Let me preface this by saying I LOVE young adult books, especially YA Contemporary. I also enjoy YA Fantasy. I noticed that the reason why I struggle to find something that sticks with me isn’t that I’m outgrowing the YA demographic, but because romance seems to be everywhere—especially heteronormative, vanilla romance. The Harry Potter series worked because the romance didn’t fully come to fruition until the characters became teenagers and struggled with their feelings, but I felt it was done in a natural way. There were definitely some angsty moments, but I personally felt like it was realistic.
Twilight is a romance first and foremost and a paranormal second. However, I noticed that many YA stories throw in the romance unexpectedly. My first thought is to assume, “Well, it’s YA…YA books just do that.” The Hunger Games included a love triangle even though children were murdering each other. We all kind of accepted that as the norm for some reason. As much as I do feel like the relationship between Peeta and Katniss evolves to something truly meaningful, I didn’t get the point of including Gale for an additional conflict. Personally, I felt Katniss and Gale could have remained platonic.
In Francina’s video, Romance is Ruining Fantasy, she discusses how romance and fantasy have two very different plot structures yet they continue to be mismarketed. Lord of the Rings is pure fantasy. The Notebook is pure romance. I notice a great deal of YA Fantasy looks like mash-up of both.
Every time I open a YA book, I wonder: Is it romance or high fantasy? Obviously, some fantasy has a romance subplot but sometimes fantasy feels like a subplot to a romance. Someone said awhile back that the only way they can read high fantasy is if there’s a romance in it and that’s completely fine. There’s something about romantic emotions in a high-stakes plot that draw us into a story. This formula has been successful for the likes of City of Bones, Twilight, and A Court of Thorns and Roses.
In some cases, the blending of genres can be jarring. For instance, ever since I read Daughter of Smoke and Bone I was completely expecting an immersive, urban-fantasy set in Prague about a girl with a mysterious past and for me personally, the romance came out of left field. The synopsis itself states things like, “bestselling epic fantasy trilogy”. The summary has a passing mention of a “star-crossed love whose roots drink deep of a violent past.” I remember that 75% of the book only vaguely hints at the romance until the end and it made it difficult for me to care about the big reveal even though I felt like it was a solid book otherwise.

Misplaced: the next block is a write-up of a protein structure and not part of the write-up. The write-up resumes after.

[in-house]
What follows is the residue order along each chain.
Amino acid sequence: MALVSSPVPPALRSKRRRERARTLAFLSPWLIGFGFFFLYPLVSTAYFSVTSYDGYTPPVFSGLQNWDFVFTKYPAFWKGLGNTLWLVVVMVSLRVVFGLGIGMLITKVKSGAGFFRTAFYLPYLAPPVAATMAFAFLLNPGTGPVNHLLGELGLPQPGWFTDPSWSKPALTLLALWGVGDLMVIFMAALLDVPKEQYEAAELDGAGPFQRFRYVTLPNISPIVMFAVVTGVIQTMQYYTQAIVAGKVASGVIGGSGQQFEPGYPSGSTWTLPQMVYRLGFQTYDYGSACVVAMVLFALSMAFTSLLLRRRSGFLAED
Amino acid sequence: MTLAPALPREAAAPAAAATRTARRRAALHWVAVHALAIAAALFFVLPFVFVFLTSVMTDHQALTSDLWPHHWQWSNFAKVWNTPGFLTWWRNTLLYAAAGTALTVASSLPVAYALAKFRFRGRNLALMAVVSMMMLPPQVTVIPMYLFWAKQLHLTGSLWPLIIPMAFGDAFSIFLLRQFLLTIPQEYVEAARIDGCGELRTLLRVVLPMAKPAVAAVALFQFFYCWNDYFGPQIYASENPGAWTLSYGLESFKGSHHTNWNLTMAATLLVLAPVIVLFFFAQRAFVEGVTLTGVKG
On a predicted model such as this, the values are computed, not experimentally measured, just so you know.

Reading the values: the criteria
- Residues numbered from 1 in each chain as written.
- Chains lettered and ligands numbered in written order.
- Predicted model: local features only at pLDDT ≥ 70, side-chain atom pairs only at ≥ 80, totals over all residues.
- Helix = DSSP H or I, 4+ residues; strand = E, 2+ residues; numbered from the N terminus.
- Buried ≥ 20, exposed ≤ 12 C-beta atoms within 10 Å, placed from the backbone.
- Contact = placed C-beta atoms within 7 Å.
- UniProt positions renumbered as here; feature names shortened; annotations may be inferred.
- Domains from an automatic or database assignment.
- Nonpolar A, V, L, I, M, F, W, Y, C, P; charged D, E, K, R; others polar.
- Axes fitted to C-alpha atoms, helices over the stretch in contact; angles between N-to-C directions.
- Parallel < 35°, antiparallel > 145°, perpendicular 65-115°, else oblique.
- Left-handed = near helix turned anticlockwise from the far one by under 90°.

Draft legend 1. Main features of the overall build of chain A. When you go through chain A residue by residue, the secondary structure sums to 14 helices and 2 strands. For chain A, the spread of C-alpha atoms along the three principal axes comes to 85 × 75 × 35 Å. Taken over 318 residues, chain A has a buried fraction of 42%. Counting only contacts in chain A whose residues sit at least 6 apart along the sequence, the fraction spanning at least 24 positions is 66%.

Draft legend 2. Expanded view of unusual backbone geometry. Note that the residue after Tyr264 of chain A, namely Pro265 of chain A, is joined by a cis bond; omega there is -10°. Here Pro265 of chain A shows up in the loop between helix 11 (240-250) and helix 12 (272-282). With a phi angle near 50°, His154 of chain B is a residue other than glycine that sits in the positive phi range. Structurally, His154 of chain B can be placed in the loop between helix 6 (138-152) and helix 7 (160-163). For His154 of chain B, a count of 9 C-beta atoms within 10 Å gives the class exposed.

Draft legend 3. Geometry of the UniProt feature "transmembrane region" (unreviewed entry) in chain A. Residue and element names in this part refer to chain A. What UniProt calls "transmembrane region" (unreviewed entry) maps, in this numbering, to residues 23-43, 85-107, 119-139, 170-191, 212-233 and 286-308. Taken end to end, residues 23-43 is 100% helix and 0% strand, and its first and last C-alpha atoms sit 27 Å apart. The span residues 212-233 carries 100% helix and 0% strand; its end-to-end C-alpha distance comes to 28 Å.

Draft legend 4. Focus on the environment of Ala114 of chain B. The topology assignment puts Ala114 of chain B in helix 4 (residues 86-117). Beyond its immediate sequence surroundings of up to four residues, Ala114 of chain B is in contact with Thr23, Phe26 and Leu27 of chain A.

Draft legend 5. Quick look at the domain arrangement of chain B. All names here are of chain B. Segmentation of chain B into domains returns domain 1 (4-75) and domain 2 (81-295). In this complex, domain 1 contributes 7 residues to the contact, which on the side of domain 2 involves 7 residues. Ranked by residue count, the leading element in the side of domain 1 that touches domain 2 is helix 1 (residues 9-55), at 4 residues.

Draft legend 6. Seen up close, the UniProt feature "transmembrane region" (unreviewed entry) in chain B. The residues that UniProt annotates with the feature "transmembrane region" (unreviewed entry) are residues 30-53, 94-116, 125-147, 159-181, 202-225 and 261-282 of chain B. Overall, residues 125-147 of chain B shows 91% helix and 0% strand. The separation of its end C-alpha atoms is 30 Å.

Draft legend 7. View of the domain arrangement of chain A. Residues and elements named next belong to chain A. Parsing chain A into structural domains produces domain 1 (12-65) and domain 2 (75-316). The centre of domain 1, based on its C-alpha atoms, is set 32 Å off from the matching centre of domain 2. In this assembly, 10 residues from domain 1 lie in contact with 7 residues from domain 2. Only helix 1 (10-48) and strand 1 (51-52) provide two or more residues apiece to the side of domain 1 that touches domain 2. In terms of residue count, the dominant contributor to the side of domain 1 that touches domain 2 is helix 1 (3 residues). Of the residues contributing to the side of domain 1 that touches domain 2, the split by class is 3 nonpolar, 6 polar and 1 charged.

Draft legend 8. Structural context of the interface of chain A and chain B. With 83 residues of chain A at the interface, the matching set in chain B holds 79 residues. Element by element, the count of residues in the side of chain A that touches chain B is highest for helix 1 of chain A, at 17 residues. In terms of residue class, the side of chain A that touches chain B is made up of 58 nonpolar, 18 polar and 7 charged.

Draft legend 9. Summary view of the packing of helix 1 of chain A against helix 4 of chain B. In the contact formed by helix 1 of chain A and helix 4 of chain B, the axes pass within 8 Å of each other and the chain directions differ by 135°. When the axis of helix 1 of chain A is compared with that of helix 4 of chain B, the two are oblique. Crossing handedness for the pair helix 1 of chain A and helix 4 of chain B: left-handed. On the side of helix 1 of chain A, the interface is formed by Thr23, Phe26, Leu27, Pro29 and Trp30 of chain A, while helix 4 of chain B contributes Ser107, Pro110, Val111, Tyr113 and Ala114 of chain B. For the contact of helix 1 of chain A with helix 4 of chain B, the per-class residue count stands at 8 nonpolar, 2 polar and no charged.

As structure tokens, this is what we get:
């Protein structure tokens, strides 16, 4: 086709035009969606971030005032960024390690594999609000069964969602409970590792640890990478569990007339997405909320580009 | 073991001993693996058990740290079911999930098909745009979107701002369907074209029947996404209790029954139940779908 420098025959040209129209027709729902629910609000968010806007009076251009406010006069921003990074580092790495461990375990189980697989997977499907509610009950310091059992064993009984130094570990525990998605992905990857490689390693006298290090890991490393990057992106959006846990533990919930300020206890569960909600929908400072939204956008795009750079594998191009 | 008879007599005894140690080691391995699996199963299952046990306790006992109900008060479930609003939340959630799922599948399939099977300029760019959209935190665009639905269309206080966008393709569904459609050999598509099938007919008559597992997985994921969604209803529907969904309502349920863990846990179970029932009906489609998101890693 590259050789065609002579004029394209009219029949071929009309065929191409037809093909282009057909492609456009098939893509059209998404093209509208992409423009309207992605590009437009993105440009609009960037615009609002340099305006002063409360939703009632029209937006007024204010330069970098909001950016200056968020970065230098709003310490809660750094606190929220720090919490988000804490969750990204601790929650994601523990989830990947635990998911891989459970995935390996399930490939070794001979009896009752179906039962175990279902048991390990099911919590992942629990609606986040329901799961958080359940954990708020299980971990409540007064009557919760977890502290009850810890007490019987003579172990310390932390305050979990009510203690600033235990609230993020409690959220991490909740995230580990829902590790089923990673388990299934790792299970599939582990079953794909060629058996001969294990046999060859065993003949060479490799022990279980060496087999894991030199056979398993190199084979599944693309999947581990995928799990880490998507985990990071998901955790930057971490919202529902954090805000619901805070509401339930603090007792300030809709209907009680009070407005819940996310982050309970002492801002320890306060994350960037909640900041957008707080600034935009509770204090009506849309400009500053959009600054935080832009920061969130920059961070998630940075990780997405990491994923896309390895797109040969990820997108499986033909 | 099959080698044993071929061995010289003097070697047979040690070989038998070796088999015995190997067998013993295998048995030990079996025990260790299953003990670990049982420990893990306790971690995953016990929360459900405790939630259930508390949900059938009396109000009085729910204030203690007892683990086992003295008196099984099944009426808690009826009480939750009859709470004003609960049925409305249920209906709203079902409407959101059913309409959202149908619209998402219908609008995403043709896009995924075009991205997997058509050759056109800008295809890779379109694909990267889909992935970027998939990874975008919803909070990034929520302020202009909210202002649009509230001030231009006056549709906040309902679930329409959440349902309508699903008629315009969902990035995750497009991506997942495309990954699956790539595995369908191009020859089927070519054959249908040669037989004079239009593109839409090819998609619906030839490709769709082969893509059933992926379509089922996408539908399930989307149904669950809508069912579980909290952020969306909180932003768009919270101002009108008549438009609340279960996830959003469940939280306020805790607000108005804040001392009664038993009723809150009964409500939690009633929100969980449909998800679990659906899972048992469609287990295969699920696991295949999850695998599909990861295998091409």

After watching Francina’s video, I finally realized why my expectations with YA fantasy are constantly at odds when she made these points:
“I think it’s very important to deliver what your promise on the blurb and inside the pages because that’s what I’m going to pay attention to and that’s what my focus is on.”
“….a problem that I see in a lot of the fantasy I read is I have no idea what I’m getting into because a lot of them don’t differentiate or don’t seem to know where they stand in the romance field. They don’t know if they’re a complete romance with fantastical elements or whether they’re both romance and a fantasy plot go hand and hand, or that it’s a complete fantasy with a romance subplot.”
“I’m not quite sure all of them know that [romance and fantasy as a genre] are two different plot structures. One is low-stakes. One is high-stakes. And you can’t just match them together or mismatch things.”
Perhaps the romance as a main plot makes the story lighter and accessible. It seems like while teenagers are perfectly capable of deciding what’s too heavy and what’s just fluffy enough for themselves, the maturity in fantasy nowadays does seem to pander to older readers.
A commenter made an excellent point here:
I feel like some writers who choose to omit any romance go instantly to grimdark. If it has romance, it’s for teens. If it doesn’t, make it darker and scarier. Are those the only two options? Why is the stigma that female writers can only write fantasy with Twilight-levels of romance? Is it demand or is it supply? Look at any top list of YA fantasy and you’ll see hundreds of books written by women. The themes of those bestsellers almost always include: love interest, love triangle, epic love, romance and the politics and battles are secondary.
I recently had to DNF Legendary by Stephanie Garber for the reasons above. I LOVED Caraval when it was first released, but whoa, there was even twice the romance in the sequel and I couldn’t handle it. That’s okay. It’s meant to be a romance adventure story and I realized it wasn’t for me. While I do recognize I’m not the target age market I personally think some stories could be stronger without romance.
To wrap things up, I think the marketing for YA fantasy can be a tad confusing. If I see the synopsis indicate a badass assassin, a kingdom on the verge of decline, evil afoot, etc etc that’s what I expect. Essentially, if I order savory, I don’t want sweet (or vice-versa). Maybe I just have to come expect romance in YA fantasy. I don’t think there’s anything inherently wrong with that. It just meant that gravitated toward adult fantasy sooner. However, I only wish the marketing for YA fantasy was a bit more transparent.
Do you think that YA fantasy has to have romance to appeal to it’s target audience (teens)? Do you feel like the marketing is misleading for these kinds of books? Are you a must-have-romance-so-I-can-swoon type of reader or I need a lot of stab-stab-stab sort of reader? Or do fall somewhere in-between?